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HABYARD COLLEGE LIBRARY
Roc March 3 1847
Geft of George Endrews,
DISTRICT OF VERMONT, TO WIT:
BE it remembered, that on the sixth day of May, in the fifty
L.S.fourth year of the Independence of the United States of
America, CHAUNCEY GOODRICH, of the said District, hath de000000TRO posited in this office, the title of a book, the right whereof he claims as proprietor, in the words following, to wit:
"Select Practical Theology of the Seventeenth Century, comprising the best Practical works of the great English Divines, and other congenial authors of that age. Collected and arranged, with biographical sketches and occasional notes, by JAMES MARSH, President of the University of Vermont. In five Volumes. Vol. I. containing The blessedness of the Righteous, and the Vanity of Man as Mortal, by the REV. JOHN HOWE, and Discourses on the Four Last Things, by DR. WM. BATES."
In conformity to the Act of the Congress of the United States, entitled "An act for the encouragement of learning, by securing the copies of Maps, Charts, and Books, to the authors and proprietors of such copies during the times therein mentioned."
Clerk of the District of Vermont.
A true Copy of Record. Examined and sealed by me,
J. GOVE, Clerk.
CHAUNCEY GOODRICH, Printer, Burlington, Vt.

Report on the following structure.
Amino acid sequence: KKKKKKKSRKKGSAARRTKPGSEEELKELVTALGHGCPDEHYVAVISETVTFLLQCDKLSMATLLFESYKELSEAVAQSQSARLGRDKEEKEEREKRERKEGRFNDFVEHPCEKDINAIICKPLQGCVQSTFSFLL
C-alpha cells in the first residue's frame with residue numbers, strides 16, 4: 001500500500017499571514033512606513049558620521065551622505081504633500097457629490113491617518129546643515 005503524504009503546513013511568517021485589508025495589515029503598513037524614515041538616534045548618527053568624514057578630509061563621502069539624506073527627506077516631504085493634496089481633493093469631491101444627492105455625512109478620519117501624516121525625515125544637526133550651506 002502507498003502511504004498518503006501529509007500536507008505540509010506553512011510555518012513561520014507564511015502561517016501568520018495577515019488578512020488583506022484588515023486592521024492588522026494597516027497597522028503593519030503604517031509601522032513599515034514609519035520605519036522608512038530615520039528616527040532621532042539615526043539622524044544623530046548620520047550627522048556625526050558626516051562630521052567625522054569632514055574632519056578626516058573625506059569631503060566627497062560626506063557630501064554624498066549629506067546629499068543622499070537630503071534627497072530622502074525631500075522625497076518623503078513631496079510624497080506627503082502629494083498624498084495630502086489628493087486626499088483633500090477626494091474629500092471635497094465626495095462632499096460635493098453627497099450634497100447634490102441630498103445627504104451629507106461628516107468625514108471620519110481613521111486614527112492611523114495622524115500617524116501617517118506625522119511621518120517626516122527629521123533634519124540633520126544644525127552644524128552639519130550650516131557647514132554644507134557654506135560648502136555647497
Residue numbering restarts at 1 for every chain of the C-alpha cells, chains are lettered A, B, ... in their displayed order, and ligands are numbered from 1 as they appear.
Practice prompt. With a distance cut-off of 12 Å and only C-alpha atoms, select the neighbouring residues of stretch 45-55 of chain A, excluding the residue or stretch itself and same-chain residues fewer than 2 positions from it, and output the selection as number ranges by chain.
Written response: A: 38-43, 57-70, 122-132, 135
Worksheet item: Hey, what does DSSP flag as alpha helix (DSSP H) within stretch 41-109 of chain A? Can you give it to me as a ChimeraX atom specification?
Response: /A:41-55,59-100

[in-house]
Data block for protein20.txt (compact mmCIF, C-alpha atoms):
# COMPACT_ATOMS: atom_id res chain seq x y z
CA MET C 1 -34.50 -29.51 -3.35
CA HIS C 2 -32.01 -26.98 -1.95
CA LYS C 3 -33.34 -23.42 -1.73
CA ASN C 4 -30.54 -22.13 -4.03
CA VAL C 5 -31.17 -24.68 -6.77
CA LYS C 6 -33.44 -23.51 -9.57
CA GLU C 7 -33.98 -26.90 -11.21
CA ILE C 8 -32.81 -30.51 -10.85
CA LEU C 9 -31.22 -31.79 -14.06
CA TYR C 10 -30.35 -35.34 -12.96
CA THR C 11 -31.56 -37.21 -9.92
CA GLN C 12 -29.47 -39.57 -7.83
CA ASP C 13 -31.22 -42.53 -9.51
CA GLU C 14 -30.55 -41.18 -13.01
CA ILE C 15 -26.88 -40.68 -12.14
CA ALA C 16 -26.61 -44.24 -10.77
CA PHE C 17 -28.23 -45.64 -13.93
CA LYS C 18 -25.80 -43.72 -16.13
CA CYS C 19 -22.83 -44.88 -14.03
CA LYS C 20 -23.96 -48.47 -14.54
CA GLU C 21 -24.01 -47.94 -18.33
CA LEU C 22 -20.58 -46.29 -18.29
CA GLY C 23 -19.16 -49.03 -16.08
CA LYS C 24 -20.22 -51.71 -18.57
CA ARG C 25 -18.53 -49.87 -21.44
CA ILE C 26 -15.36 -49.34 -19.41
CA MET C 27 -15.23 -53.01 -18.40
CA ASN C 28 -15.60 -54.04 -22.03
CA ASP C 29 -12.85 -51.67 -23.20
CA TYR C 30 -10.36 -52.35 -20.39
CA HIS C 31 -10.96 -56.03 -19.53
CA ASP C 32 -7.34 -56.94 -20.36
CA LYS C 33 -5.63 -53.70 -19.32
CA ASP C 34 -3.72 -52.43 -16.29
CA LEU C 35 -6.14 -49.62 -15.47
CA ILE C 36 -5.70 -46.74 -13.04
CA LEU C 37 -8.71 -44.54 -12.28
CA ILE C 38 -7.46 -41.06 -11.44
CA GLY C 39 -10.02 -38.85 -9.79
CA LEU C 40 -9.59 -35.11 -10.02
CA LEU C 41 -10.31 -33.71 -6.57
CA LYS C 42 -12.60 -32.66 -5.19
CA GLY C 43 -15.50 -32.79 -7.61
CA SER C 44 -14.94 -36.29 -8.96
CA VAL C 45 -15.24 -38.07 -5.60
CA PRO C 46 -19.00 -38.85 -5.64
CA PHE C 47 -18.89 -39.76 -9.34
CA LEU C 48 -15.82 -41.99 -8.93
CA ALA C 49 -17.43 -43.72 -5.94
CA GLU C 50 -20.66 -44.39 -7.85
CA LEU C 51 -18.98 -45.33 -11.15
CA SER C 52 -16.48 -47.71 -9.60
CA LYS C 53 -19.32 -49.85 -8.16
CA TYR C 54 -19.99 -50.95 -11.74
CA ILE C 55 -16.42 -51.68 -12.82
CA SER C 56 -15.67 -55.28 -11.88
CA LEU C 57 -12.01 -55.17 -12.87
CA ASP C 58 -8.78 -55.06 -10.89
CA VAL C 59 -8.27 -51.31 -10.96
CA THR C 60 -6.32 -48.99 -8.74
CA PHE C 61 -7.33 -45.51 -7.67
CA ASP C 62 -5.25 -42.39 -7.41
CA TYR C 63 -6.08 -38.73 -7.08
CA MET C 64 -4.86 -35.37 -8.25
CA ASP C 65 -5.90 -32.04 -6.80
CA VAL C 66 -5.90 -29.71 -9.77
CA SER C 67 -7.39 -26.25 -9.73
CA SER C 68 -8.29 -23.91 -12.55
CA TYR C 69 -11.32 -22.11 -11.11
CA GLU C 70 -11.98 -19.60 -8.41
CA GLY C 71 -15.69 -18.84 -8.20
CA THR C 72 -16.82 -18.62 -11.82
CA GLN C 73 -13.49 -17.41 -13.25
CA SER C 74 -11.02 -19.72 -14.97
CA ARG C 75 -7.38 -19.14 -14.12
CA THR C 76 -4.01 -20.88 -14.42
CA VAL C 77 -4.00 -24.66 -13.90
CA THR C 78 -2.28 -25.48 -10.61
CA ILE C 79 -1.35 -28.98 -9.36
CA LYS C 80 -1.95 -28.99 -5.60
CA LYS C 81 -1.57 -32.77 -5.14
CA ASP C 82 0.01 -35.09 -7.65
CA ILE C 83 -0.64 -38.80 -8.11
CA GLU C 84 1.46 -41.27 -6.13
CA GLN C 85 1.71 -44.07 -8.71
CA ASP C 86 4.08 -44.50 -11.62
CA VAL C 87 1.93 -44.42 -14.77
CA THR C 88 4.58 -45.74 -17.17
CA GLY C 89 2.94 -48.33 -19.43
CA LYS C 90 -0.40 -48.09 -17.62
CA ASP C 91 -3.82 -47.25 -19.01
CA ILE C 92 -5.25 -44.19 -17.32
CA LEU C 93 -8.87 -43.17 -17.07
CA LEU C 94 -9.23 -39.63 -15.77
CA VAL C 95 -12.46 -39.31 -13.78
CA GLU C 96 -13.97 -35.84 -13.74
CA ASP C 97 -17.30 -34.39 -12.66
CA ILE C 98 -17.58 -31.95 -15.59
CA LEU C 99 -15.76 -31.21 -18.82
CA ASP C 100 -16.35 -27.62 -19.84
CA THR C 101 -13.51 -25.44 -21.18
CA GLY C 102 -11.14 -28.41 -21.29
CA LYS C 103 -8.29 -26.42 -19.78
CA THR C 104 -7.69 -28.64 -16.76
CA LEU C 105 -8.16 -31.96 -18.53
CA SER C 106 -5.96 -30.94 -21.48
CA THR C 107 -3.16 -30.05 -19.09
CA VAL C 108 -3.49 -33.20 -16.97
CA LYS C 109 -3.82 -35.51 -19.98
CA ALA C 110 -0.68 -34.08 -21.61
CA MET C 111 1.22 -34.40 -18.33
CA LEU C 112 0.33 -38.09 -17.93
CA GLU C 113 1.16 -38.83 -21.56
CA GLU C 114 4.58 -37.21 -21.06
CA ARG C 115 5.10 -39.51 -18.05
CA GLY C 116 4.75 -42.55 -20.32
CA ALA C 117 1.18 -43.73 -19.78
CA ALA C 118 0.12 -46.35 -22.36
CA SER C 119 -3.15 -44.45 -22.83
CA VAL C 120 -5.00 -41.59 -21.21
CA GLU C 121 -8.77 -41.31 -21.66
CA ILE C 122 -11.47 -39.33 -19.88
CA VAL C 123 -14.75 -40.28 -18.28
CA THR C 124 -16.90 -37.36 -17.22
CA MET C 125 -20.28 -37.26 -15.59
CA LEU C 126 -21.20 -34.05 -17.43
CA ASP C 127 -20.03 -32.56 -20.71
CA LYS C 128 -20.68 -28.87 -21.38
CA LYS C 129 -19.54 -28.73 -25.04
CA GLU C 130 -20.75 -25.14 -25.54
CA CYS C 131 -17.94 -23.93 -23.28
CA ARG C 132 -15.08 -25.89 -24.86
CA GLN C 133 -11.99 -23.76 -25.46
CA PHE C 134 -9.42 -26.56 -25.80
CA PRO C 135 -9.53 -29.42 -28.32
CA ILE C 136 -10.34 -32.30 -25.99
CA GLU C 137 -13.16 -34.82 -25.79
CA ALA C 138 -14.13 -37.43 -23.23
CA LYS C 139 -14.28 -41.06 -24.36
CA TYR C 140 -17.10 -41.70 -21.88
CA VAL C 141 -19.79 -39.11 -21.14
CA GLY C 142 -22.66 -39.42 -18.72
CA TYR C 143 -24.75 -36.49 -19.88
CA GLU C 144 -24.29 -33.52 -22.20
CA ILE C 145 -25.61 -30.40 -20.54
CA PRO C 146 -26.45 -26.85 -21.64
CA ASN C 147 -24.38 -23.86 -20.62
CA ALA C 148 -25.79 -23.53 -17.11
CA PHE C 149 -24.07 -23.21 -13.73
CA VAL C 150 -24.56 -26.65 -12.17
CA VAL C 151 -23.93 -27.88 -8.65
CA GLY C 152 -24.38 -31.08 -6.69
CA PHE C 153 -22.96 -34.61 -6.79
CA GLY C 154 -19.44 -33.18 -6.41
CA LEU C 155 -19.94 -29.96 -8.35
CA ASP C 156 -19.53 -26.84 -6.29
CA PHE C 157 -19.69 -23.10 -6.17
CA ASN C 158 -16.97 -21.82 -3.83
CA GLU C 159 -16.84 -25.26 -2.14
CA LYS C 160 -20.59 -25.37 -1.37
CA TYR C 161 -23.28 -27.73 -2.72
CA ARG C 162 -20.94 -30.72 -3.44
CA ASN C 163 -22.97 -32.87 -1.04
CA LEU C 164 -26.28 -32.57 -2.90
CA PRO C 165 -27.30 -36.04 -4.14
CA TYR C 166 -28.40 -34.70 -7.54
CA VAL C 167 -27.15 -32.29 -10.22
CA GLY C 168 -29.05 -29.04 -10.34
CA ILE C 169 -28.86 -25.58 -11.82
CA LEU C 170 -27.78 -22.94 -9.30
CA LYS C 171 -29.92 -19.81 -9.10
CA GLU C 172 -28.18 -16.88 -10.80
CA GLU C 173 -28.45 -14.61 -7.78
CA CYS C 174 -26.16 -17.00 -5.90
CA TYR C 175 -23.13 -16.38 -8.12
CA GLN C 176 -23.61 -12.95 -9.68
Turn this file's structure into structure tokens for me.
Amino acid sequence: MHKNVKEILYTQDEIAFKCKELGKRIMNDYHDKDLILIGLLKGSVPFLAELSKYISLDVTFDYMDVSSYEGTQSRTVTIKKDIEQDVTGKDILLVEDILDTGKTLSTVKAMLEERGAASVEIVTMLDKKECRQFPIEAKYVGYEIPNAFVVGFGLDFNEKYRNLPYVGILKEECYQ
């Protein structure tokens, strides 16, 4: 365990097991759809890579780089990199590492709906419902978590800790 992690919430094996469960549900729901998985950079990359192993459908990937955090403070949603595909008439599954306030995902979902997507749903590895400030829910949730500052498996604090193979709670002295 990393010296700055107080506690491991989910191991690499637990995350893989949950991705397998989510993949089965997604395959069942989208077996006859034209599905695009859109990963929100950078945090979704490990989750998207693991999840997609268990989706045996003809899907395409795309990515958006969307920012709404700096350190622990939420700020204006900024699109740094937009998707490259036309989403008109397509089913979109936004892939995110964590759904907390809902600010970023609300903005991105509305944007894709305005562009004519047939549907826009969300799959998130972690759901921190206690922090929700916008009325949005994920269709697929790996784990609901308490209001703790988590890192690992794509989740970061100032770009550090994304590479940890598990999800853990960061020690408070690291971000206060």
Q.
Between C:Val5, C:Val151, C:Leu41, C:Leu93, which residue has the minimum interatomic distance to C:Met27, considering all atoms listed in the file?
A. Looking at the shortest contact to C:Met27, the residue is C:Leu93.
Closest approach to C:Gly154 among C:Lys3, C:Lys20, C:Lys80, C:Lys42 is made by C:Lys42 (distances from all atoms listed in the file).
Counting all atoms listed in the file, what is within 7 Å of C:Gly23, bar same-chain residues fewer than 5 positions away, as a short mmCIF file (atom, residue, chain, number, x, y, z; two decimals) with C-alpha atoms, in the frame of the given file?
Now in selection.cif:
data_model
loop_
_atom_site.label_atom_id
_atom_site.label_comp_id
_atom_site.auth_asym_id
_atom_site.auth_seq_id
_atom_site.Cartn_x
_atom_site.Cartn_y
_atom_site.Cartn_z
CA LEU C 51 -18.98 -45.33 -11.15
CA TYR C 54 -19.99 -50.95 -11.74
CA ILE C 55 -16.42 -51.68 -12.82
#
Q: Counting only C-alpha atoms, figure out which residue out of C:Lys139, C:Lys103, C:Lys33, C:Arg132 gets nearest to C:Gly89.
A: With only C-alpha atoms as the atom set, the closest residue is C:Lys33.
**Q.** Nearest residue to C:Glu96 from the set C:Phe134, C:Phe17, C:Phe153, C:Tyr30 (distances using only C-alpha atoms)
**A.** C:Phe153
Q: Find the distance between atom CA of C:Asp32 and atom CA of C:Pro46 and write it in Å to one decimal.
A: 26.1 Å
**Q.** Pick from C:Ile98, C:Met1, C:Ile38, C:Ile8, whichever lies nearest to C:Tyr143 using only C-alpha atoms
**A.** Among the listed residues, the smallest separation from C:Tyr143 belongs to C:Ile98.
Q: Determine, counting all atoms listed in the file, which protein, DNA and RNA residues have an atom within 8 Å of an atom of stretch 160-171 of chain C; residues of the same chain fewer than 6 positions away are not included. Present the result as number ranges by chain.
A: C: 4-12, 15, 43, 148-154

The general object aimed at, in republishing the works herewith offered to the public, is sufficiently obvious, and, it is hoped, will meet the approbation of every enlightened christian. Efforts, before unexampled in the history of the church, are made, at the present time, to promote the diffusion of the scriptures; and we hope soon, by the blessing of God, to be assured, that this most important means of grace and of spiritual improvement has been brought to the threshold of every family throughout our extended country. But, although we hold, as all protestants profess to do, that the Word of God is alone a sufficient rule of faith and practise, and though it might be wished, that every christian would so read and contemplate its instructions, as to need no other aid; experience teaches us, that even in the most enlightened communities, other aids are thought necessary and resorted to. Most christians not only depend on their appointed spiritual guide to explain to them the truths of the gospel, but in their most retired and serious hours of meditation upon those truths seek assistance from the meditations of others. Nor can it be doubted, indeed, that men of undisciplined minds are essentially benefited by such recourse to works judiciously prepared to aid their reflections, and may thereby elevate their devotional feelings and enlarge their views of spiritual things beyond what they would be able to do by their own unassisted efforts. Works of this kind have been produced in greater or less abundance, and with different degrees of excellence, in almost every age of the Church; and it needs but little consideration to be convinced, that they must exert an influence in the religious education of the community, scarcely inferior to the instructions of the pulpit itself. If such be the fact, it becomes a matter of practical importance to make a wise selection of such works, as are best fitted in this way to promote the spiritual improvement of christians, and to bring them, as far as may be, to the knowledge of the public and into general use. In contemplating the character and productions of the Church, in former periods of its history, and comparing them with those of our own age, it becomes us, as far as possible, to recall whatever of good